It knows you have to do it. And if you do it, you might as well do it in the way that you like it. And it empowers you rather than a way that drags you down and you get this attitude. You know, I had that in school, the attitude, you know, Homework. That’s such a drag to do that unless they make you do it and stuff.

And you know, it, it became a pleasure then, because I was proud. Let me get up on the board and show you, I solved this problem. And you know, it’s just your head. Well, your head is, where your head is at is really important to a lot of this stuff. And, that determines a lot of way where you go.

Casanova Brooks:

I love it. I love it. Over the last year, you’ve obviously been exposed to so many things right over the last 50, 60, 70 years.

Well, when it comes to an, obviously you’ve read and listened to a lot of things and the particular medium of book reads, because we always love to share wisdom. Has there been any book in the last. Let’s say five years, that’s really inspired you. And you always recommend to anyone who reaches out that they’re trying to blaze their own path, that this is a great foundational book to start with.

Bernie Roth:

Yeah, well, the two there’s one book that Beryl Markham is the author, it’s been out of print for a while, but it’s a, I think Ernest Hemingway said it was his favorite book and it’s something out of the, West Into The Night Beryl Markham was the author. So I always recommend that as a really just well-written book that talks to people, but has nothing to do with the things we’re talking about. The things we’re talking about, the book I found most inspirational in my own life is one called The Adjusted American, which is also out of print and it was a mission to buy for like

50 cents and both authors are dead. I did meet one of them several years before she died, but it’s a book essentially. That inspired me to write my book. and there’s a book about, human behavior written by sociologists and all these just at American. So it’s a kind of, it’s funny, I’m giving my book talks.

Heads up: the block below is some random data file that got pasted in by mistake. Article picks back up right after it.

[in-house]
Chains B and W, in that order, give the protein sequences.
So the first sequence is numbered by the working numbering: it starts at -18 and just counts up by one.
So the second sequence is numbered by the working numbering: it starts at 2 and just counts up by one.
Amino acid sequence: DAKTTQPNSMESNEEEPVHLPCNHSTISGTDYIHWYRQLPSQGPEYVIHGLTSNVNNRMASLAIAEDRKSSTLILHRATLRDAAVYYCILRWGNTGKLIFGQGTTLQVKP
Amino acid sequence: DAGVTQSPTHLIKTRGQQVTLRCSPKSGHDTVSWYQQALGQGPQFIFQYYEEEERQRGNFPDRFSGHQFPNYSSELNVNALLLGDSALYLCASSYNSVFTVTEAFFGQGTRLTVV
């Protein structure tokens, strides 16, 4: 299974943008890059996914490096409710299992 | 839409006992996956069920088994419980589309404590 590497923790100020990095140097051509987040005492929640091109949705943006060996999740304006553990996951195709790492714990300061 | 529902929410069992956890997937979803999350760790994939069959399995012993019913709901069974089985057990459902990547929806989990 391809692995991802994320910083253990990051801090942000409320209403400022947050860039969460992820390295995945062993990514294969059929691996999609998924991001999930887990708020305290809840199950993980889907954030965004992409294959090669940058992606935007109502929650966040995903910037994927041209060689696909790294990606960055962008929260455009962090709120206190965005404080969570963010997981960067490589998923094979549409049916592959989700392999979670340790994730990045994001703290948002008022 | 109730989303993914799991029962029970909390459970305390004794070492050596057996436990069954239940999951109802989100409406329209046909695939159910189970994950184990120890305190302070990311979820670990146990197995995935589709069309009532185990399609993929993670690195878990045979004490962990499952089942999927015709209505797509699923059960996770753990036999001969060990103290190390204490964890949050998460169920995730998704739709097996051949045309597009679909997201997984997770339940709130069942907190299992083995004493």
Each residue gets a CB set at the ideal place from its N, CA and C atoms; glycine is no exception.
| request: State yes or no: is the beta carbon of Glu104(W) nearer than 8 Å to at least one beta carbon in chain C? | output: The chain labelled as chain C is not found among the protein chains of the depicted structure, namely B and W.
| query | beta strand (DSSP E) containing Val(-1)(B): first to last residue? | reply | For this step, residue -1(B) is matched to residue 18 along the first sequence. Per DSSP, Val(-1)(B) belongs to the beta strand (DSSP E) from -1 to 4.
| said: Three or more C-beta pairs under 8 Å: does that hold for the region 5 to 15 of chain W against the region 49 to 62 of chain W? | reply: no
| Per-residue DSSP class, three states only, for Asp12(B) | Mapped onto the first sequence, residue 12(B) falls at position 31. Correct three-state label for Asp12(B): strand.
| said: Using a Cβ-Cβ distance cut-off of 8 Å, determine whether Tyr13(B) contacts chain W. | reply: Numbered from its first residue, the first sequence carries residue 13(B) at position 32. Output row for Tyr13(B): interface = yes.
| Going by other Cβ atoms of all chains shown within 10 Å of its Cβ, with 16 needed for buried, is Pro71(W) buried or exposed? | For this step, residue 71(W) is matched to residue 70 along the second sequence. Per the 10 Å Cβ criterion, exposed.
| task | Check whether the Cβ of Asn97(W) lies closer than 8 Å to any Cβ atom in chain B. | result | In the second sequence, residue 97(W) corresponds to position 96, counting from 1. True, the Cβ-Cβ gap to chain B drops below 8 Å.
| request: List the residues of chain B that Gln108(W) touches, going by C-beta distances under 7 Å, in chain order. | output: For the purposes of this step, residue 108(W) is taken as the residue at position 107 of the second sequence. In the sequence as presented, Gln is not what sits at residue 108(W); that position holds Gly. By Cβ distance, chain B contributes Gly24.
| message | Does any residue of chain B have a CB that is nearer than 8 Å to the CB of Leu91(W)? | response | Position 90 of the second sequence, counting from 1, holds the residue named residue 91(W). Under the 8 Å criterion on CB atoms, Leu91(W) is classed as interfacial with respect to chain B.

One guy raises. He says, you know, that book when I grew up, that was the favorite book in my household, but it’s a book that didn’t get a lot of play when it was out there. But I, and it’s very, It’s kind of hard to read nowadays because it’s written the way people wrote books 50 years ago, and it’s very sexist written by a, basically by a woman it’s very male oriented language and the examples of stick figures that are very cliche.

You have passed all that, which is a good lesson for get past that stuff and to look at what the real content is rather than the form. There’s a lot of wisdom in there. I found Casanova Brooks:

Got it. Well, yeah, we’ll definitely, I’m sure it’s always good to have different perspectives. And I think you’ll put it in a way, right? If you can get past the messenger and just listen to look at the message, there might be one or two nuggets that you apply and the rest of them, you might say, Hey, that’s not, you know, that doesn’t stay with my values.

My morals overall, it’s good to always have a different perspective.

Bernie Roth:

Yeah.

Casanova Brooks:

So for someone right now who is listening to you and they love what you’ve been able to accomplish. And they think that you have a lot of wisdom and nuggets and they want to blaze the path similar to this, but they have that little voice in their head.

That little voice that says that they’re not strong enough. They’re not smart enough or maybe they just don’t have enough resources. What would be the one thing that you would say that person to get them to just take action?

Bernie Roth:

Sure. Before I answer that, they say everyone should find their bliss.

Well, how do you find the bliss? You don’t know which drawer to look at to find your bliss. So how you find your bliss is to do stuff. And to try stuff. And I believe you’ll, if you’re lucky it’ll happen onto something which really talks to you or resonates to you, but it all gets down to not sitting and just smoking a joint and thinking about dreaming, what you’re going to be.

It’s a matter of doing stuff. And so you have to do thing. You have to engage in different things. And if you do a little bit at a time, you get a reward, you feel positive and eventually you become. Great. I remember I, when I graduated, I had to, I had to learn something about some subjects. So I got a book and I read it and I didn’t understand a word really.

It was tough math book and beyond me, but I needed this stuff. So I read it again. I started on the third time and about, two years later, I was the world’s expert in that stuff. Well, I started from zero from negative, do you understand?, but it just something I needed and I persevered with it and I got it. And I think that’s true with everything.

I’m nobody, you know, these guys, all these people here who started the Google boys or all that, they didn’t start with that. You know, they stumbled into it. One step at a time. They didn’t even know what they were going to do. I remember one of them will all, how are you going to commercialize this algorithm?

You have? He said, I have no idea. Well, this whole idea of,

Casanova Brooks:

did you meet him before Google got big? Did you know them?

Bernie Roth: